Gov't assisting transition of traditional cannabis growers to the

Gov't assisting transition of traditional cannabis growers to the

Wednesday, February 26, 2020

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Minister of state for Industry, Commerce, Agriculture and Fisheries, Floyd Green, says the Government, through its Alternative Development Programme (ADP), is committed to assisting traditional cannabis growers in transitioning to the emerging legal medicinal industry.

“The ADP was specifically created to offer farmers the technical and financial support they need to enter the legal industry. It is designed to guide the transition of small, traditional Jamaican ganja farmers into the regulated and licensed cannabis industry,” he noted.

“The ultimate goal is to create an environment where farmers can operate legally and where Jamaica can be positioned as a world leader in the global cannabis sector,” he added at a community meeting in Slipe, St Elizabeth, recently.

The ADP, being implemented by the Cannabis Licensing Authority (CLA), aims to prevent and eliminate the illicit cultivation of cannabis and channel planting through legal streams.

The agency has been carrying out a series of sensitisation sessions across the island, targeting persons who want to be involved in the industry.

Green said the CLA is now on a mission “to look for community groups of traditional growers that we will engage and provide the technical support for them to transition”.

He noted that the programme would improve the legitimate earning potential of small, marginalised communities that currently operate within the black market, while providing access to quality-controlled cannabis for medicinal purposes.

He said that the ADP Oversight Committee is charged with selecting communities to participate in the programme and to receive and review applications to ensure they are operating within the specified guidelines.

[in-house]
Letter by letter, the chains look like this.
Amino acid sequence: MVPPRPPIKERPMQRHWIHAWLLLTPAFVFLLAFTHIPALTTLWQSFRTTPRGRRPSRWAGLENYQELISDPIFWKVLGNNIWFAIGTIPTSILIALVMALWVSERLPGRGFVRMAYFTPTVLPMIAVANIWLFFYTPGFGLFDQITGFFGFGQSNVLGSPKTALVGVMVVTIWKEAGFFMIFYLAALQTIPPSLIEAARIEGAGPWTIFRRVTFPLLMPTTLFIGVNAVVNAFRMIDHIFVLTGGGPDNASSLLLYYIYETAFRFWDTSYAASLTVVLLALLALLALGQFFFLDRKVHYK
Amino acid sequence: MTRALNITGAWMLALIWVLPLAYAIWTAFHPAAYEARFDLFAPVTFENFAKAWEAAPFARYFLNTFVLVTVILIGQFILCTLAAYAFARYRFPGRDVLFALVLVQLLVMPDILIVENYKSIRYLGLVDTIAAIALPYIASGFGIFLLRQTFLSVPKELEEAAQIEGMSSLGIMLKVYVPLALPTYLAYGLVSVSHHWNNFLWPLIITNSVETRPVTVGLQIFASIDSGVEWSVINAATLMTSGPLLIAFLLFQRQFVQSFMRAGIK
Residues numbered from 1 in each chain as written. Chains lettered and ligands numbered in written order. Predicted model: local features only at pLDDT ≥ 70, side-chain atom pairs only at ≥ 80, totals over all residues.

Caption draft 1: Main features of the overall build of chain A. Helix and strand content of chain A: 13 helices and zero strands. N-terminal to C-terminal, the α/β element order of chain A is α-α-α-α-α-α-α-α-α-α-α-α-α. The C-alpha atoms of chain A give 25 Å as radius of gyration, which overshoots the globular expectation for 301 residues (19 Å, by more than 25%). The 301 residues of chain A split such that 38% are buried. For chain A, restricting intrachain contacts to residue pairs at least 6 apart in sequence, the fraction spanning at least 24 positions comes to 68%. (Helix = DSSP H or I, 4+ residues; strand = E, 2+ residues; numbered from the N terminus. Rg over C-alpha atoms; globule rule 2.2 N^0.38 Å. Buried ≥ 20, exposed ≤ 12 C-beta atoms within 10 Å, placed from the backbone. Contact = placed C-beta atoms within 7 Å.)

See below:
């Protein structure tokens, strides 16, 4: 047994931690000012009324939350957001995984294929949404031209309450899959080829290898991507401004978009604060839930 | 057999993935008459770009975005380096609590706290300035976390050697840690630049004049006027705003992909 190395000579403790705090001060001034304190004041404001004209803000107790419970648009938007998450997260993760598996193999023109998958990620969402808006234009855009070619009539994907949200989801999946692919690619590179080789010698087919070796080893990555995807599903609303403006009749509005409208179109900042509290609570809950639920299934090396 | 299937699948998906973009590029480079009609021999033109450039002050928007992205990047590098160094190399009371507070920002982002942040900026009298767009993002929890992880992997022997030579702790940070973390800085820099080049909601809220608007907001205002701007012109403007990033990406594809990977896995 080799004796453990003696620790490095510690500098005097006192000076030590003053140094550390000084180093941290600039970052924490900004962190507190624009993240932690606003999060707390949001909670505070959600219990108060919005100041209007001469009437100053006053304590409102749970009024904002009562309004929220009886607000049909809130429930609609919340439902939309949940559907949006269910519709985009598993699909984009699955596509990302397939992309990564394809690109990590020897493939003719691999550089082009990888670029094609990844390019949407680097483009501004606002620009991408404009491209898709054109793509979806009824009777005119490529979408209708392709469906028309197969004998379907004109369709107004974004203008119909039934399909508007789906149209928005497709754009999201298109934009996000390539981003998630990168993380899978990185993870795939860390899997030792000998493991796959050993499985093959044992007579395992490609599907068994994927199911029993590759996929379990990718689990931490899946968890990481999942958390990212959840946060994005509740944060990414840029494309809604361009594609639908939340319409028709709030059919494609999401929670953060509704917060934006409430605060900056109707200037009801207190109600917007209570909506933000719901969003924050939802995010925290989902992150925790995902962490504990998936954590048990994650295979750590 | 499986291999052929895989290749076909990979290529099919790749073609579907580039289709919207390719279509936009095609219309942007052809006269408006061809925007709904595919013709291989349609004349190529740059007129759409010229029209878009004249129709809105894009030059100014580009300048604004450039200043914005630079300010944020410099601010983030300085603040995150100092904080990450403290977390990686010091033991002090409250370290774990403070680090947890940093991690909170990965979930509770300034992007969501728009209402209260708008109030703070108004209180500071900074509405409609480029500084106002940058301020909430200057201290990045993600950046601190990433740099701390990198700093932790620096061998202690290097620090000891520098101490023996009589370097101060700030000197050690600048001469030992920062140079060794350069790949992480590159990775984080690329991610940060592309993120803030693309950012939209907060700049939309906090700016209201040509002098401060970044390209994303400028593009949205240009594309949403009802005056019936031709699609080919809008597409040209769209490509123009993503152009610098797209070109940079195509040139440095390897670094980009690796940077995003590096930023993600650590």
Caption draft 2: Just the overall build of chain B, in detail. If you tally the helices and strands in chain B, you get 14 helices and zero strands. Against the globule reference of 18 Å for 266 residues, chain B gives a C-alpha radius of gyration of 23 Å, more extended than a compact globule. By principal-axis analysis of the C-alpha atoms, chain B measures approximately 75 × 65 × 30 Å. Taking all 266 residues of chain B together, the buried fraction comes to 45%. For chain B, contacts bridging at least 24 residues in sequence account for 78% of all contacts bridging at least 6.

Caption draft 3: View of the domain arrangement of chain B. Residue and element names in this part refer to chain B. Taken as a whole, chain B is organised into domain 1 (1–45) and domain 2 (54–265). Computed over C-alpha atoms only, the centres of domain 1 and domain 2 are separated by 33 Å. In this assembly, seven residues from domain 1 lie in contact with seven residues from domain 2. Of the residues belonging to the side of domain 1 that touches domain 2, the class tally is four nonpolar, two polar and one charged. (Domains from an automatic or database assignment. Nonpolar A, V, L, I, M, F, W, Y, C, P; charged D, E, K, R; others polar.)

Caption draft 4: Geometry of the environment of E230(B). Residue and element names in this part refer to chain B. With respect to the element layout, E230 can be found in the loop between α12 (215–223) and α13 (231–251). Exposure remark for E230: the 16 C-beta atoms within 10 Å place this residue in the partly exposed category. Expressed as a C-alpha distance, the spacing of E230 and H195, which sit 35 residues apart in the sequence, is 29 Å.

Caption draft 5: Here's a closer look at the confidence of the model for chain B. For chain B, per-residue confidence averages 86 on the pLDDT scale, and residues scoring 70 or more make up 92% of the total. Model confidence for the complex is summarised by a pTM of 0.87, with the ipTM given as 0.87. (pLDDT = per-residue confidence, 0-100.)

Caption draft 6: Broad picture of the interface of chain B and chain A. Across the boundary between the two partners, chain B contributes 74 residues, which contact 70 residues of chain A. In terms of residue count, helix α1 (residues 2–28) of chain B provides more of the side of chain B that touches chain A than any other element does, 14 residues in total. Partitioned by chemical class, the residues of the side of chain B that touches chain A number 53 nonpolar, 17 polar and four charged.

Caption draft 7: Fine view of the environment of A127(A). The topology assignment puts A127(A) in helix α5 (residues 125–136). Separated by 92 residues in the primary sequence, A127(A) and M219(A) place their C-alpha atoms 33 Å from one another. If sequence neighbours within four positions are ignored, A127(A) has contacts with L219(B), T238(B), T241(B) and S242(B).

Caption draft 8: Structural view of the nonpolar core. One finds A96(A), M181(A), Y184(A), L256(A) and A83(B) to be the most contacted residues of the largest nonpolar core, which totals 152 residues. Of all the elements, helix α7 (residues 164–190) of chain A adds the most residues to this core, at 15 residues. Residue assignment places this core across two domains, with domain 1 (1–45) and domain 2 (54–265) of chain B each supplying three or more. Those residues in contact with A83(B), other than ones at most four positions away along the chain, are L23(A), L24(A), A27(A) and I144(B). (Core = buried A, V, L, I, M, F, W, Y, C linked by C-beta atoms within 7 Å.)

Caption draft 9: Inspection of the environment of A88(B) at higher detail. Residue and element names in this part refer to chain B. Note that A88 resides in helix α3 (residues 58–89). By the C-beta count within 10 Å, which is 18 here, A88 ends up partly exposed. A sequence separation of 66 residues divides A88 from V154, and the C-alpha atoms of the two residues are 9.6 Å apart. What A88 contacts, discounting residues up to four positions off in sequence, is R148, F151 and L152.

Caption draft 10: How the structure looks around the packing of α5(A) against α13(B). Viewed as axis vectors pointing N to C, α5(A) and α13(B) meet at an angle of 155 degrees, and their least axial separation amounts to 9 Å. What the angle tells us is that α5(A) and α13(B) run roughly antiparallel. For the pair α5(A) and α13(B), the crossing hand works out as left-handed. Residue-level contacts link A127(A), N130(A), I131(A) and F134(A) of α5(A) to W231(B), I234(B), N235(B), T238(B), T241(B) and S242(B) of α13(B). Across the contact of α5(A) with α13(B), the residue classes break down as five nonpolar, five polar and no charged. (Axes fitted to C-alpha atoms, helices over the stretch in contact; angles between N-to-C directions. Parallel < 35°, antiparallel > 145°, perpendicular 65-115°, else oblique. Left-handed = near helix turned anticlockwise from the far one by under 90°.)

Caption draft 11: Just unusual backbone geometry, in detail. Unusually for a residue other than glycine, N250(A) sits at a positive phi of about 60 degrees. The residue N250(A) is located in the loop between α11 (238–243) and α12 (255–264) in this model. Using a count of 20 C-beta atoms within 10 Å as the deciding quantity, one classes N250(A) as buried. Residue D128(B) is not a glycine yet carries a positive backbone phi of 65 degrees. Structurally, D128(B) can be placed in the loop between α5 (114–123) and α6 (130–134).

“The committee will also facilitate access to quality-controlled cannabis for medical purposes while carrying out routine monitoring and evaluation of the programme,” he pointed out.

The state minister said that a legal local cannabis industry would enable Jamaica to tap into the global market, which is estimated to be worth US$150 billion, with projections to reach US$272 billion by 2028.

He noted that cannabis sales rose exponentially in 2019, driven by activity in Canada and the United States.

“This is an industry with a lot of potential for Jamaica, but we have to do it the right way. We have to reduce the sources of supply for illicit traffickers by demonstrating the alternative livelihood available to individuals who have traditional knowledge and expertise in ganja cultivation,” he said.

The CLA is an agency of the Ministry of Industry, Commerce, Agriculture, and Fisheries established in 2015 under the Dangerous Drugs (Amendment) Act with a specific role to develop and regulate Jamaica's legal cannabis and hemp industry.


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